Jeff McCune home
TuxThis is just a record of a problem I ran into today. I've been working with two CentOS 5 Opteron servers connected to a shared SAN, and I'm using LVM tags to arbitrate activation of the correct volumes on the correct hosts. While hacking at /etc/lvm/lvm.conf, I apparently forgot this file is copied into initial ram disk images in order to make a root device sitting on a LVM logical volume available to the kernel at boot. I configured LVM to only activate devices with tags matching the host tags, which posed a problem when I upgraded to kernel 2.6.18-8.1.8.el5. At boot, the initial ram disk failed to activate any logical volumes because the tags were incorrect. The solution was to make sure I specifically list the system volume group in lvm.conf, in addition to the host tags. For example, the following is correct:
tags { hosttags = 1 } 
activation { volume_list = [ "@*", "VolGroup00" ] }
While the following configuration doesn't activate any volumes:
tags { hosttags = 1 }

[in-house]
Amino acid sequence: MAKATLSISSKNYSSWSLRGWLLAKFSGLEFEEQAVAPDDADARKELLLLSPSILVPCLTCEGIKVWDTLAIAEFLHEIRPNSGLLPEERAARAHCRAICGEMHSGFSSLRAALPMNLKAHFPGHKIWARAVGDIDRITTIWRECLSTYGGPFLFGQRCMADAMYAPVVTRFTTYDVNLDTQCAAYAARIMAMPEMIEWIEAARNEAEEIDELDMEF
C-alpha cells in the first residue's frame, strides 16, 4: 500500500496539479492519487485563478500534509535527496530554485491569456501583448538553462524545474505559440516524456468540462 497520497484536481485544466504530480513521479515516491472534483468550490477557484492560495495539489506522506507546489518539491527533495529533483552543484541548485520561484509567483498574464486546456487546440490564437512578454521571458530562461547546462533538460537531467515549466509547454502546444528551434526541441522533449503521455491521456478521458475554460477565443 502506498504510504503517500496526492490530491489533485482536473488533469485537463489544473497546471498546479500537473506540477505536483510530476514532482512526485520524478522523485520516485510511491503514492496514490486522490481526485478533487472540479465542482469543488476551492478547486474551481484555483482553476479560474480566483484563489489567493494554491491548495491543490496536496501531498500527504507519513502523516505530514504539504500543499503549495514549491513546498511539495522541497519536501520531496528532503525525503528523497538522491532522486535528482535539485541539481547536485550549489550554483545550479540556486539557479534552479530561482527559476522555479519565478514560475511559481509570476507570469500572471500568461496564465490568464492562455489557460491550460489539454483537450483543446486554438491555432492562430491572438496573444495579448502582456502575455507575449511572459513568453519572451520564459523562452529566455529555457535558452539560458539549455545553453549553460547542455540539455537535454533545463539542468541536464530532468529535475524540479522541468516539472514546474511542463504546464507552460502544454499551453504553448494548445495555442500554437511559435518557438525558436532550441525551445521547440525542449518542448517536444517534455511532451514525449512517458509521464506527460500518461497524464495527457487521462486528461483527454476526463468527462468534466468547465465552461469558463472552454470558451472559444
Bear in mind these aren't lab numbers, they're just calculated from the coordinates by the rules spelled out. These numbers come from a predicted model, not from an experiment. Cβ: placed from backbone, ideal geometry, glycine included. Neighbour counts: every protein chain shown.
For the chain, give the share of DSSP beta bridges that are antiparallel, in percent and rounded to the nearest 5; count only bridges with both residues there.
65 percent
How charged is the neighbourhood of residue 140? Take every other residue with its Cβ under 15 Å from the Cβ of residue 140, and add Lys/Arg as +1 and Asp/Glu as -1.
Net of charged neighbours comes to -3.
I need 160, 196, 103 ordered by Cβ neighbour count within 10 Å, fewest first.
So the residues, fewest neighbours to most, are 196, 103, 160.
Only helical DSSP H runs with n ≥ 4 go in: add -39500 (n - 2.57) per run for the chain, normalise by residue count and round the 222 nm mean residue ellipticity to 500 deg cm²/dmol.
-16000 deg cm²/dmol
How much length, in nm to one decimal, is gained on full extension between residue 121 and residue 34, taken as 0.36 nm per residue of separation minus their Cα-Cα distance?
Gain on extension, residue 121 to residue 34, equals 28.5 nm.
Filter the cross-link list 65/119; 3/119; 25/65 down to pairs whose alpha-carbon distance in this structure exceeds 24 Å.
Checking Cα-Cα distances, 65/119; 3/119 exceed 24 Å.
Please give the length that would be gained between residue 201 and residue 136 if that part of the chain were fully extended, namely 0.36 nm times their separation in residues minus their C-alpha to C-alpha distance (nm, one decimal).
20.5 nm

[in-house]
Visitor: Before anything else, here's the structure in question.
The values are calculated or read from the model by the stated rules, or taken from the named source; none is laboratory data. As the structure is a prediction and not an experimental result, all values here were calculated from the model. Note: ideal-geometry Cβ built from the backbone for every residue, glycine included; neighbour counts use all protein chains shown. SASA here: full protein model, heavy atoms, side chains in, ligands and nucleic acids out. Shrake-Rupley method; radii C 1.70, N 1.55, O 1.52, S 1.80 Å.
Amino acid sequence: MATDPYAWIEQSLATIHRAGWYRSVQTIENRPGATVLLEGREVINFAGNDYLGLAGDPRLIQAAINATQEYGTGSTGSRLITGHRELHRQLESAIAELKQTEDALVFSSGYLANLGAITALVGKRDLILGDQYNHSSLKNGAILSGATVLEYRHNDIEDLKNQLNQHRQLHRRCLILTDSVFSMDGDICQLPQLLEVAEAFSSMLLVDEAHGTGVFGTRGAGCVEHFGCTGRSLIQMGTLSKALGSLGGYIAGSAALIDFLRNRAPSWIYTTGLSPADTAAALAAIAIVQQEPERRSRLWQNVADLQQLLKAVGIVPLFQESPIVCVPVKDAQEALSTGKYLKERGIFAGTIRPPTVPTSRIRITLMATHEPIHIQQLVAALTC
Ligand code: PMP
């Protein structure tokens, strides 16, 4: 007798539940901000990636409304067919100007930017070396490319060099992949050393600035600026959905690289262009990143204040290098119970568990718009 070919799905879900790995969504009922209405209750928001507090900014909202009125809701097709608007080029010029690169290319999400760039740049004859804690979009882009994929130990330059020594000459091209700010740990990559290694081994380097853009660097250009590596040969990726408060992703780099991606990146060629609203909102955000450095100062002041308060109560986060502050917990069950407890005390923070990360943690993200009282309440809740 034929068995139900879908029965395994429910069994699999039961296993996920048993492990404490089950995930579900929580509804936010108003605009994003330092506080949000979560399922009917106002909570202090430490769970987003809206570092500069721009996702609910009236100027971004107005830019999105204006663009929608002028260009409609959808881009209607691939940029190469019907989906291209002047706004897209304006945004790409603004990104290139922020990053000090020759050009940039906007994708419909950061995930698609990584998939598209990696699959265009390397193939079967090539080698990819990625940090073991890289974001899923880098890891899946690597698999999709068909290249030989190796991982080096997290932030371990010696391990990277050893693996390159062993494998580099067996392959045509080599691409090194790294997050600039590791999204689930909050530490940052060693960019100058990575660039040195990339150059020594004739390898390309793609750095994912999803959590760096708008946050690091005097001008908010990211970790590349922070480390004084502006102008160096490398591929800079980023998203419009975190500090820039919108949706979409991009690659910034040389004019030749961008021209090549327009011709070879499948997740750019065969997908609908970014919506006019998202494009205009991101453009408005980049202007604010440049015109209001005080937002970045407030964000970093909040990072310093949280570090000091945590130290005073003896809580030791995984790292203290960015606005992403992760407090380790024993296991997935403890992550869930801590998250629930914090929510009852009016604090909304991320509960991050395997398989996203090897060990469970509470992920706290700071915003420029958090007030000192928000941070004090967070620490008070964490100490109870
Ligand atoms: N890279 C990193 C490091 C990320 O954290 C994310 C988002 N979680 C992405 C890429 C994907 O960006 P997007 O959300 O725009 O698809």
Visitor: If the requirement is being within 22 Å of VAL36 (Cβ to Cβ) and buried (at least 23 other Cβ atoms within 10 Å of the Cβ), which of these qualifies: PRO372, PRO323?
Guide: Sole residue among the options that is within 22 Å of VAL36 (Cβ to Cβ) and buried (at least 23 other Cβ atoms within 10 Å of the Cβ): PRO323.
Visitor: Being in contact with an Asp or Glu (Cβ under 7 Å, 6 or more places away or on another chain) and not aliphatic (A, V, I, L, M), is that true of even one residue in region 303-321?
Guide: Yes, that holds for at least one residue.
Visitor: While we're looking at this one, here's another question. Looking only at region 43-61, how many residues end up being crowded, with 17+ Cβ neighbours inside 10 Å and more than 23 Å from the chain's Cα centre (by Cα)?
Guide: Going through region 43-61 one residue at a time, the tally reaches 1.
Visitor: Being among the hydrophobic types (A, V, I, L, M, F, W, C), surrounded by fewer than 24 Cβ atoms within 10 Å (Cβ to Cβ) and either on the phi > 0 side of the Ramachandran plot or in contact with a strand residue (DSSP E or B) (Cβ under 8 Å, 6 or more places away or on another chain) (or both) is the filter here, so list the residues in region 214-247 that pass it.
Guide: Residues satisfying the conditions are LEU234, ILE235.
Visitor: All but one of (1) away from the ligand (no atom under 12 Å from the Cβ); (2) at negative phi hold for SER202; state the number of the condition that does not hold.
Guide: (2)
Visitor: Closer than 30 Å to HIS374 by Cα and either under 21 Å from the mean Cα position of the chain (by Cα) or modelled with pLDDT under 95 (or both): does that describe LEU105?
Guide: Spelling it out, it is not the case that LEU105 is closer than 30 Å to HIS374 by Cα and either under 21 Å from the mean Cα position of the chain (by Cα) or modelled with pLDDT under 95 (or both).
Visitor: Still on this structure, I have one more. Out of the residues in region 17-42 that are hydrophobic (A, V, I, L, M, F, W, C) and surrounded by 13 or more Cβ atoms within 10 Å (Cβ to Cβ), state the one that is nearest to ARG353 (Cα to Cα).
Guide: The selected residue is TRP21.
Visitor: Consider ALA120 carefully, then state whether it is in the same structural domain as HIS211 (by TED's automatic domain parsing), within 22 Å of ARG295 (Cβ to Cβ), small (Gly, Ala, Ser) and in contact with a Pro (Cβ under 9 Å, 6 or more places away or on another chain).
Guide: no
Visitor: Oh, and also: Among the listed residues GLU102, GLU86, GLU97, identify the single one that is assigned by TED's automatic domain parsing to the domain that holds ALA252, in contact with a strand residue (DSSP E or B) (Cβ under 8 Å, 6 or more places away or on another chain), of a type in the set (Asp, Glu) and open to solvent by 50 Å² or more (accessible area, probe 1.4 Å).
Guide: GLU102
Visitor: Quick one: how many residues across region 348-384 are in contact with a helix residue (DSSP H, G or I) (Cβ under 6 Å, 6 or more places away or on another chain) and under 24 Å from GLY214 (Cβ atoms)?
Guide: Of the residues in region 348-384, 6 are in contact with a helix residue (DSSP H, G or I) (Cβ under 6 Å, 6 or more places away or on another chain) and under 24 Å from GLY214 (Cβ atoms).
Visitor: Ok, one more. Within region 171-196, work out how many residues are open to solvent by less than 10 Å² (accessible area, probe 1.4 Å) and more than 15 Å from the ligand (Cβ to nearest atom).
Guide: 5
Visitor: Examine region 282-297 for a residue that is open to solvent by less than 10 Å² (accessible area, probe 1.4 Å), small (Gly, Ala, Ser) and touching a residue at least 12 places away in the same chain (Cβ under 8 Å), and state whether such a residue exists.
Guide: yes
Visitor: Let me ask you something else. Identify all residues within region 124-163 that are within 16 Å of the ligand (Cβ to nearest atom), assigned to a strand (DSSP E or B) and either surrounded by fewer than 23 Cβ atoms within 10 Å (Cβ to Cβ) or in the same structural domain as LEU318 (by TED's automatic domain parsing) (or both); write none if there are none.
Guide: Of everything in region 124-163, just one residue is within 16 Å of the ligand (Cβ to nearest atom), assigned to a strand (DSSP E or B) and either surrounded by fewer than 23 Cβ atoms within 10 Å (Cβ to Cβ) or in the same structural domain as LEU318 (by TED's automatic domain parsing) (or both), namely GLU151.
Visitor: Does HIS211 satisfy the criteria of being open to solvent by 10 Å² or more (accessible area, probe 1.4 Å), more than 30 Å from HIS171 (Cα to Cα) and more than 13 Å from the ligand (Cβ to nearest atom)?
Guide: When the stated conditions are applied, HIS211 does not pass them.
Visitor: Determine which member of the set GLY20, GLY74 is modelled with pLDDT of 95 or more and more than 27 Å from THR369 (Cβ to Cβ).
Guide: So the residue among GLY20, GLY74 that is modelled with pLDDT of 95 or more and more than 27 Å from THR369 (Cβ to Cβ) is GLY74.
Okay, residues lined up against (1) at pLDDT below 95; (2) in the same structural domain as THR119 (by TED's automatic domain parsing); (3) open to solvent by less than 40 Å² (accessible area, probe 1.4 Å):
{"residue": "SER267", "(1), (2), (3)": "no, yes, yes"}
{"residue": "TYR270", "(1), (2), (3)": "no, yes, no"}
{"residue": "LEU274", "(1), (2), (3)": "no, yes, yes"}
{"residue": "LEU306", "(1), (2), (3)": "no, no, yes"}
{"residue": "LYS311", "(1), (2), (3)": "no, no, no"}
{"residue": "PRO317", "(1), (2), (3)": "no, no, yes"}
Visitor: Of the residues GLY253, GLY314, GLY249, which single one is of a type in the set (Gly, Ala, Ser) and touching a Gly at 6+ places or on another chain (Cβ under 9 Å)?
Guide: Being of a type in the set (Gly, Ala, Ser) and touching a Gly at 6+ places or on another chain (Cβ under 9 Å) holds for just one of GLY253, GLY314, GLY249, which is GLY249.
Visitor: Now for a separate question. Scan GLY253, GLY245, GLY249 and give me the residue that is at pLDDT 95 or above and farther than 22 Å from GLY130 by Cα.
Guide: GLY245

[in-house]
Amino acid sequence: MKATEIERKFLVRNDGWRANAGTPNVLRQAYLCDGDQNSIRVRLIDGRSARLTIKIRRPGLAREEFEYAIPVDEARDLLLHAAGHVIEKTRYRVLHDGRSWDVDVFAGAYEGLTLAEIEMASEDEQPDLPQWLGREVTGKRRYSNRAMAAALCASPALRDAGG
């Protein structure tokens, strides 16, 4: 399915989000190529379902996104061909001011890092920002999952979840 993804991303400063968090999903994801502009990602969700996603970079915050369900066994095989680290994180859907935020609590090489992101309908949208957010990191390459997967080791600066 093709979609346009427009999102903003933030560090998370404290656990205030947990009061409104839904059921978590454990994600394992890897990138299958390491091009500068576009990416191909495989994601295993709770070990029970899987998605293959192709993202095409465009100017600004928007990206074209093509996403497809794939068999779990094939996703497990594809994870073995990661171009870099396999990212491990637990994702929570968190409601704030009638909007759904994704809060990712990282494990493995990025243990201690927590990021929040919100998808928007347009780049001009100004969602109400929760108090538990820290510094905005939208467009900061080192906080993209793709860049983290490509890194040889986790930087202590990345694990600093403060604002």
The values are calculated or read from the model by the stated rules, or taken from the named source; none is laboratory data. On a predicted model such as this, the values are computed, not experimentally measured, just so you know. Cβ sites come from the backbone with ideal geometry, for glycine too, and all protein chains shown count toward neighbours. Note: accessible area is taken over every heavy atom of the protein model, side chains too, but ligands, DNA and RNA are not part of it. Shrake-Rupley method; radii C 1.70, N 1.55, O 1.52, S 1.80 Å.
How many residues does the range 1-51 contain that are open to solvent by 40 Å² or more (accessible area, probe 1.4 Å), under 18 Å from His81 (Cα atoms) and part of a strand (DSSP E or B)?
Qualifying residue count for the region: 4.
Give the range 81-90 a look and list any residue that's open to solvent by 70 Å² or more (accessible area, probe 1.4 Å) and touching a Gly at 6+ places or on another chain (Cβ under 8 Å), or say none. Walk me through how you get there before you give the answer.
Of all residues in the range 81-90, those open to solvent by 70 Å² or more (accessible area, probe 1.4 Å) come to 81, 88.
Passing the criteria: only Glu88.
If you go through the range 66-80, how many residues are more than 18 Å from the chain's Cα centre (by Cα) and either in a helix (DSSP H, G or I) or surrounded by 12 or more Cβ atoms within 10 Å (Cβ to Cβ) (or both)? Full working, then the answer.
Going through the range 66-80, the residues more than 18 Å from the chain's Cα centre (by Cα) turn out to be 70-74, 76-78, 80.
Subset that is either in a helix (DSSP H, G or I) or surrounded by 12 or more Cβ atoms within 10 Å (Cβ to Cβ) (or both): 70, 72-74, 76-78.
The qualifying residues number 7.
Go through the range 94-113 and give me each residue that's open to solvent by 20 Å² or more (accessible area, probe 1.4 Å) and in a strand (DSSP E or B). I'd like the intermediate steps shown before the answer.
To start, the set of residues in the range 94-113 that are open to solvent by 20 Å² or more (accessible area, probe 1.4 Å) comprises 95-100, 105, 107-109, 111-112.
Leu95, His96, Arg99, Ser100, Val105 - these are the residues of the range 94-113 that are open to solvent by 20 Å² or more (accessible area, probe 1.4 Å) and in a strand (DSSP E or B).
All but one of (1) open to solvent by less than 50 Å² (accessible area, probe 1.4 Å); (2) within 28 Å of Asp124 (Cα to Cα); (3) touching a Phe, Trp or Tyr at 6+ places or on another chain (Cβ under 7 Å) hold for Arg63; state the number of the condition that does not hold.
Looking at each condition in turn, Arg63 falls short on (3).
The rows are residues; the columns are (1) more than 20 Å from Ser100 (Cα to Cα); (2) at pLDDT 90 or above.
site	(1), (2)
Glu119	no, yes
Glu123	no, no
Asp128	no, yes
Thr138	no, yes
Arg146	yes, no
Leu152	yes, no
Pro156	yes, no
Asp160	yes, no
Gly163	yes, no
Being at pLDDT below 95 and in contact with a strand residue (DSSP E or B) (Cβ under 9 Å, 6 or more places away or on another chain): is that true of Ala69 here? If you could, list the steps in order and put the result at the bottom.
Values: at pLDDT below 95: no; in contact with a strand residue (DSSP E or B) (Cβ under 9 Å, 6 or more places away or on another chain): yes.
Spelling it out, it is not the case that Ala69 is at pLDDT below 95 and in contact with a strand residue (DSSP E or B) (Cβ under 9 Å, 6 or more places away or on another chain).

activation { volume_list = [ "@*" ] }
LVM Tags are a really nice feature. It allows me to control what logical volumes sitting on the shared SAN are activated by which of the hosts in the cluster. For example:
[root@xen02 ~]# lvdisplay @`uname -n` | grep /dev/ 
  LV Name                /dev/xensan/test01.rootfs 
  LV Name                /dev/xensan/test01.swapfs 
  LV Name                /dev/xensan/test-webserver 

[root@xen03 ~]# lvdisplay @`uname -n` | grep /dev/ 
  LV Name                /dev/xensan/dns1.swapfs 
  LV Name                /dev/xensan/dns1.rootfs 
  LV Name                /dev/xensan/newtest 
  LV Name                /dev/xensan/ns1.vm 
  LV Name                /dev/xensan/test2.vm
Shared block devices are nice; they facilitate live migration of guest domains between the two xen hosts.
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